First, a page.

The following excerpts from my book proposal on Afro-Brazilian altars and rituals best describes my twenty-year personal journey. Peter Kloehn
ALTAR BOOK offers a one of a kind collection of color photographs of rare beauty. This extensive project to document Afro-Brazilian altars began in 1987. Now it seems complete and it seeks closure as a 40 to 80 plate publication of stimulating texts and visually vibrant images.
As a scholarly publication, it is unique in that the photographs provide the "primary iconotexts" and the essays supplemental texts reflecting a multidisciplinary approach to understanding the religion and the altars.
ALTAR BOOK offers a publisher an opportunity to place the ''traditional" within a broader conceptual framework to expand context, since the photographs, as visual surrogates, are uniquely positioned to operate on two compatible yet competing levels of perception. The altars are presented as documents of the religion and its sacred art in real time and space; then they are re-presented as simulated art within the space of the "hyperreal".
The book of altars offers a viewer a first "gaze" into the inner sanctum of the temple—sacred space and art distant both in subject matter and geography. On this level, the "gaze", similar to a first encounter with a medieval "Book of Hours", fixes figures within the realm of the "exotic other". It is this distancing mechanism that places the altars (especially those with exaggerated elaboration) on another level to be read as fabricated fictions within a more profane space. Umberto Eco·in Travels in Hyperreality, refers specifically to this aspect of the religion as “a triumph of religious kitsch”- this second level of reception is as valid as the first.
The book’s conceptual design promoting the "precious" can emphasize both realities creating a framework encompassing the traditional and postmodern.
The photographer’s narrative leads the reader/viewer on a personal experiential journey through lands of magic realism with an invitation to share his "impressions" with those of anthropologist and art historians. On this journey, words such as "hyperreal” and "intertextuality" are transposed from theory to practice.
This journey is an original project that began in 1986, in Bahia, Brazil. An "alteration" occurred both intellectually and figuratively, within a tiny room, in a small residential “temple” house, nearly identical to adjacent houses. In the corner was a blue sea goddess (Yemenja) under a cardboard shooting star, to her side a two-tiered platform with statues of Christ and the Saints (syncretism) above the Afro-Brazilian slave deities (Preto velhos), and, directly in front were 3 three-foot blond, blue-eyed dolls in white pinafores waving at the camera (criança). That "first impression" of complete “otherness” cannot be overstated: it was an experience at once intimidating yet exhilarating before an "awe-full" presence of profound power and beauty. It set the stage that for the following years would result in a unique visual record of over three hundred altars throughout South America.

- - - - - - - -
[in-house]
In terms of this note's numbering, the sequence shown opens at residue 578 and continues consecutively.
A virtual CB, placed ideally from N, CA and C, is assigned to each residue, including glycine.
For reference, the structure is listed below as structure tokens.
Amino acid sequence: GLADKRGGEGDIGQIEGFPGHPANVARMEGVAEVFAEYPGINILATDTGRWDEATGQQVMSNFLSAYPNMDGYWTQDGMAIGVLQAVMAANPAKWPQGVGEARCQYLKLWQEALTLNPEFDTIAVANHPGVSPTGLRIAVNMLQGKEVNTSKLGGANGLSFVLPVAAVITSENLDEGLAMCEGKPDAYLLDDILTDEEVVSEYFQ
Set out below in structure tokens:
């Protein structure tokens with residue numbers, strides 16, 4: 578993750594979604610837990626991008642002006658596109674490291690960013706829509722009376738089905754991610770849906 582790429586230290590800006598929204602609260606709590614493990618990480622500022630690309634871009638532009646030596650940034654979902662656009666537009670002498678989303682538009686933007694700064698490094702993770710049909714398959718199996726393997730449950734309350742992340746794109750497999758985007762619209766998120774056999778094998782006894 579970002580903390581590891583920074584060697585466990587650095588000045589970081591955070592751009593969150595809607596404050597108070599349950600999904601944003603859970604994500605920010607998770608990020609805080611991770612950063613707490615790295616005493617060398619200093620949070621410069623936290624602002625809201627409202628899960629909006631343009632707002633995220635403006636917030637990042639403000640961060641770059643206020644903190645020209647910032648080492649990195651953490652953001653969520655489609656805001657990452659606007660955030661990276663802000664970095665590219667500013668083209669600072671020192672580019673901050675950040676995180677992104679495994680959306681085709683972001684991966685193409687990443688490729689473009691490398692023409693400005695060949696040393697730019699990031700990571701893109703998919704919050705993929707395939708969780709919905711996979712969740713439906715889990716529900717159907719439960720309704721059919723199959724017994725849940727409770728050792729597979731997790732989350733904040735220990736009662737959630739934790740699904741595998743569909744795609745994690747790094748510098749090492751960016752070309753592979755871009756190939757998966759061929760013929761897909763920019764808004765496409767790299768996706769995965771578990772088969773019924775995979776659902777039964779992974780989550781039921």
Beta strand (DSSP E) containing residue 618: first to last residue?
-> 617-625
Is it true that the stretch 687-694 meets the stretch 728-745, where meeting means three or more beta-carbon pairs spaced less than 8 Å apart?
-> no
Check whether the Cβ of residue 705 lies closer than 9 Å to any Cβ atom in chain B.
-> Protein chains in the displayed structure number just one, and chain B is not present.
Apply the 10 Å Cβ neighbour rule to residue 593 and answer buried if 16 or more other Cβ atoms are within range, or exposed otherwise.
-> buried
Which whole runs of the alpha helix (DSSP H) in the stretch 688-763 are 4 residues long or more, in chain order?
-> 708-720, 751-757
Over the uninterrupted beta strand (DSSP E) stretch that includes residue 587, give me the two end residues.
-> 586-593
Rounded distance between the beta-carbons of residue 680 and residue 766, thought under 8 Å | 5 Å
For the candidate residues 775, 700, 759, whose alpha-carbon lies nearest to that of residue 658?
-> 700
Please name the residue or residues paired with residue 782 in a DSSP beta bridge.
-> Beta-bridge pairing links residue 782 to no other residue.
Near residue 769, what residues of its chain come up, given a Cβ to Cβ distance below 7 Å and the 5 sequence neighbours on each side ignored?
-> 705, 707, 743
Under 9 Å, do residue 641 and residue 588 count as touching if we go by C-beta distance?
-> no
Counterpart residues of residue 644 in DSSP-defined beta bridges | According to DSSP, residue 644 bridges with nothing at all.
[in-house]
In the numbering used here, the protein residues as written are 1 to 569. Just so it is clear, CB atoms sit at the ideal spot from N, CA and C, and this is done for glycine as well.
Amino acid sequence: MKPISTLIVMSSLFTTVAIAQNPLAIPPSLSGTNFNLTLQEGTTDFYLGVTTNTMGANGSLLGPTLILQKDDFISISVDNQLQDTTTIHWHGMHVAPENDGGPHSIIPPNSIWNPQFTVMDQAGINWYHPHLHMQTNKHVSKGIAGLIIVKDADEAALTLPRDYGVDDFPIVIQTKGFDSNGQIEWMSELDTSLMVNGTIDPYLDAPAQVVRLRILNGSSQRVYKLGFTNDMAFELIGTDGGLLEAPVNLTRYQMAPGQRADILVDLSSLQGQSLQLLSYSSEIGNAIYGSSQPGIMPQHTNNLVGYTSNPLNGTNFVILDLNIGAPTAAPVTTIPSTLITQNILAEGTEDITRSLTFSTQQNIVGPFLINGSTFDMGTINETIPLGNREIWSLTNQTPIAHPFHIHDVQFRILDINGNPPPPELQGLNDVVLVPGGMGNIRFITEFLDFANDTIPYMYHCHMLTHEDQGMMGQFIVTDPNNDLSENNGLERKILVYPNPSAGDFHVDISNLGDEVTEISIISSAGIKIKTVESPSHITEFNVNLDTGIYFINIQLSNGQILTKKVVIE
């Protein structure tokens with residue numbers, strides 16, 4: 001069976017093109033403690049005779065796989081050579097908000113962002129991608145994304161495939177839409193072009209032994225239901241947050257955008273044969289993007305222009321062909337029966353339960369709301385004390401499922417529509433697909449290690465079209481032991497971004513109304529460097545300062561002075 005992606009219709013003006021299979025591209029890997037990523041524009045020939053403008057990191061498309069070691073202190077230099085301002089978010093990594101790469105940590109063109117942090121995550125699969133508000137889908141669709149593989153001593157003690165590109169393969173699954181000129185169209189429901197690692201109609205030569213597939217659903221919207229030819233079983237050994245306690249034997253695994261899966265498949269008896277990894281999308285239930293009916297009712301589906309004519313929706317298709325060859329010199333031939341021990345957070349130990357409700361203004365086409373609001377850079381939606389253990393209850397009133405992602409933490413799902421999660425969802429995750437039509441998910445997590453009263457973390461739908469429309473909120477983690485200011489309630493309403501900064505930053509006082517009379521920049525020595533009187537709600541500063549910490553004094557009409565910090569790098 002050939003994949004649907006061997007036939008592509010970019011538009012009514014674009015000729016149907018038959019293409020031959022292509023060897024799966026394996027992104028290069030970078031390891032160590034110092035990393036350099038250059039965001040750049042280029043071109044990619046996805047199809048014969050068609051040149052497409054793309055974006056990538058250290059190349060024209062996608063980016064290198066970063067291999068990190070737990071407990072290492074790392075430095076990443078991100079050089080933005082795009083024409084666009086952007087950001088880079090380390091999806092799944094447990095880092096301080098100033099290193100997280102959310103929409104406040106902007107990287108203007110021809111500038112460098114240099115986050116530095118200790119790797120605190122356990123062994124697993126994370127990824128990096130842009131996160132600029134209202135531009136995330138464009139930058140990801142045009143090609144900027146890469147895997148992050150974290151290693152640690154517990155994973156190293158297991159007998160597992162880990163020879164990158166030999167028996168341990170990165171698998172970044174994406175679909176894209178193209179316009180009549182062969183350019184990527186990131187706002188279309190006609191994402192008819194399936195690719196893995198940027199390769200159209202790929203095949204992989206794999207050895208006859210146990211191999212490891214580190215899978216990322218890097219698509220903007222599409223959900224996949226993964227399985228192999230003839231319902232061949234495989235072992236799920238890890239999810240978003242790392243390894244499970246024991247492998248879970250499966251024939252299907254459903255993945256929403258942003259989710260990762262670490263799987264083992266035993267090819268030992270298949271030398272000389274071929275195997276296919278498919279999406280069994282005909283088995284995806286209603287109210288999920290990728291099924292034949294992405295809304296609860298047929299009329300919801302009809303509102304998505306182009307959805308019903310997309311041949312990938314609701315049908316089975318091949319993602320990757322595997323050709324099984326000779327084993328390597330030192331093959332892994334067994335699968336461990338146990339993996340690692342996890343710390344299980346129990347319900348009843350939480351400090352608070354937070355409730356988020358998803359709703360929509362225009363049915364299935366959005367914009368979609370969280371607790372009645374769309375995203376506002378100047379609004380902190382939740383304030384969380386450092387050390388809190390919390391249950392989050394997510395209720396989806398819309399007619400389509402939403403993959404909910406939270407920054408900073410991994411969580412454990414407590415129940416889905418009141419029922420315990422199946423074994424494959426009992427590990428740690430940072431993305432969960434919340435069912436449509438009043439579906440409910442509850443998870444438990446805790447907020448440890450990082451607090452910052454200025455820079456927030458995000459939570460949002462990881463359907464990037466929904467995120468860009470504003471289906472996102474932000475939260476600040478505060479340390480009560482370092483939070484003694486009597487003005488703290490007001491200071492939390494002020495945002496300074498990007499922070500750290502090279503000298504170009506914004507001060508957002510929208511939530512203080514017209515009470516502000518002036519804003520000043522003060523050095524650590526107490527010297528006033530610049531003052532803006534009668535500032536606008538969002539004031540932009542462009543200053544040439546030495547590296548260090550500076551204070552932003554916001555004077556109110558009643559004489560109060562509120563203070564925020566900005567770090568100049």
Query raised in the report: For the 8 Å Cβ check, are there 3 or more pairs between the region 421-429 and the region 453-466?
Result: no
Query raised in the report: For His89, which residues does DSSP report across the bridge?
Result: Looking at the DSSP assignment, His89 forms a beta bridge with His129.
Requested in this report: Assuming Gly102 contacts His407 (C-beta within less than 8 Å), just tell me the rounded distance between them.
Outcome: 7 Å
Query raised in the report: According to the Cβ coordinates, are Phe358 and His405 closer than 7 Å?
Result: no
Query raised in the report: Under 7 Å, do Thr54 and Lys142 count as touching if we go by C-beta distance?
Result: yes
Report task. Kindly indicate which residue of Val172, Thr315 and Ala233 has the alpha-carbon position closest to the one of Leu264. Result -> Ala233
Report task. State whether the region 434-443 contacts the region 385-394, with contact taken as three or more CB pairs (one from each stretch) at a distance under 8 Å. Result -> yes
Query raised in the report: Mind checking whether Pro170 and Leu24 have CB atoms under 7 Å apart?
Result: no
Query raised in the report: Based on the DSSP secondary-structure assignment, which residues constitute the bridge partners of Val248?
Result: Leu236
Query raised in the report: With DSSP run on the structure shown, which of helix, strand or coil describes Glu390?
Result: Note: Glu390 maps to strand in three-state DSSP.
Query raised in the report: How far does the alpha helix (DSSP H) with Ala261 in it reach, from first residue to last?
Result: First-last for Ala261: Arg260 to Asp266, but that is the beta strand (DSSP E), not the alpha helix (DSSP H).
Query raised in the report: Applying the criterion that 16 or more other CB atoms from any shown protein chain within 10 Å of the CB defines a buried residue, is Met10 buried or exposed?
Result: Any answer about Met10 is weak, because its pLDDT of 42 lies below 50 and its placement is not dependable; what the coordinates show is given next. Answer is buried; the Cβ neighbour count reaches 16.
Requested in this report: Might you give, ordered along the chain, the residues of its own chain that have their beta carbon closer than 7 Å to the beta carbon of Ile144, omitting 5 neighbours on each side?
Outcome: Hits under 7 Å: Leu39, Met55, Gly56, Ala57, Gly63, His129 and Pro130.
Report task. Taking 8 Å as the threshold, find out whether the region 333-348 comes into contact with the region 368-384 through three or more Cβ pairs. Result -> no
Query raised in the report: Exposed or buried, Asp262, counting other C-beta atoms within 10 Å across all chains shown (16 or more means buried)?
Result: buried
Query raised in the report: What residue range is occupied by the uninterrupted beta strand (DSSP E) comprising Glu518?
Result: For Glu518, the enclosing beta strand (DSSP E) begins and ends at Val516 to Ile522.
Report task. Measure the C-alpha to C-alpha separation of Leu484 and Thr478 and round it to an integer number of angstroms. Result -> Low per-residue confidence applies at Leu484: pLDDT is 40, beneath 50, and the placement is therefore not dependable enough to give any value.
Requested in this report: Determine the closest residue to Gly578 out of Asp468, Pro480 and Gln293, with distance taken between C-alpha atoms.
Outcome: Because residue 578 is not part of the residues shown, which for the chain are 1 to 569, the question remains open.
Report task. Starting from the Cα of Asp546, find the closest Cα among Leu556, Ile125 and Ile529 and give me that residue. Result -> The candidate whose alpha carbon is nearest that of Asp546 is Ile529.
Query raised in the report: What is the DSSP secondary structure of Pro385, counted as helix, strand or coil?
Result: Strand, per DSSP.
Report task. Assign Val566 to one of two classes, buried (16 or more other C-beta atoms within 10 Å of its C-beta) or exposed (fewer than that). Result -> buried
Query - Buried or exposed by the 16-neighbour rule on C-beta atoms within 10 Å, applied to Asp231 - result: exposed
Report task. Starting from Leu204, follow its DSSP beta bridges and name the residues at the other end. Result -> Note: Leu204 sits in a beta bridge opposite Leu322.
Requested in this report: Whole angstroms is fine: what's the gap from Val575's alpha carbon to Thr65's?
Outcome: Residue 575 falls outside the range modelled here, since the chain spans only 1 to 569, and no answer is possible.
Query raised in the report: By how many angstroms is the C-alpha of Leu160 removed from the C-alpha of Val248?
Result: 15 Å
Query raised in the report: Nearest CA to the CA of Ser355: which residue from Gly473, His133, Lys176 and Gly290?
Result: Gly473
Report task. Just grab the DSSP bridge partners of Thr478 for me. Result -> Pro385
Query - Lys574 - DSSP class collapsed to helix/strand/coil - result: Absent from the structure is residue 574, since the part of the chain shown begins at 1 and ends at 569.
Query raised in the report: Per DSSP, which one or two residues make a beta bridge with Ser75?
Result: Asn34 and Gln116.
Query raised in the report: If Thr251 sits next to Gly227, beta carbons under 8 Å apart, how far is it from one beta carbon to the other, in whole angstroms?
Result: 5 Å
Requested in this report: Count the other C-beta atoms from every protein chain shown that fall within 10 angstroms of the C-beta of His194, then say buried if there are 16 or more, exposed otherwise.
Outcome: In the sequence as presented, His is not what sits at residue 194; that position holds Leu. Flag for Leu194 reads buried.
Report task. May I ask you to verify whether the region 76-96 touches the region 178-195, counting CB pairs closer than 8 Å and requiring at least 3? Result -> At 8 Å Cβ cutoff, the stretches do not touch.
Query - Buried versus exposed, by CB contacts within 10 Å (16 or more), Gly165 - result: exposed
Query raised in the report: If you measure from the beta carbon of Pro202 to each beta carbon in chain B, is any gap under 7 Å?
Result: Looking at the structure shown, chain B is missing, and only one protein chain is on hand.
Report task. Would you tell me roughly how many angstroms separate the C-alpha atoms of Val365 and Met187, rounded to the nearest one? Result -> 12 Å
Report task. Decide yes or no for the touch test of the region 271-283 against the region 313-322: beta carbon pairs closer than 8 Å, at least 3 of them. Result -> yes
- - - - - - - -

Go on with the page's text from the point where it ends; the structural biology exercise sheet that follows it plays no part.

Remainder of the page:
From Bahia, the journey evolved northward for awhile reaching the Amazon, but each subsequent annual trip was directed to the South, eventually to Argentina and Uruguay. No grand plan was in place with each return to each locale to be the last were it not for an indicio, a sign (a new contact or a related story) to continue the following year. The project, like a fictional narrative directed by its internal characters began its own life and the characters were the Orixa, the Amerindian Caboclos, the former slave deities or Preto velhos and the flamboyant and mischievous Exùs.
UMBANDA ALTARS /
Umbanda Altar, Brazil, 1988
Syncretic Altar-Last Supper, Zé Pelintra, and, Caboclo, Recife, Brazil, 1988
The Eye Altar, Buenos Aires, Argentina, 1990
Temple of the Sun and Moon, Porto Alegre, Brazil, 1993-4
Umbanda Altar, Porto Alegre, Brazil, 1995
Cave Exú, Buenos Aires, Argentina, 1989
Umbanda Altar, Brazil, 1988
Gilded Altar, Montevideo, Uruguay, 1991
Crianças Altar, Salvadore Bahia, Brazil, 1986-7
African Hut, Buenos Aires, Argentina, 1990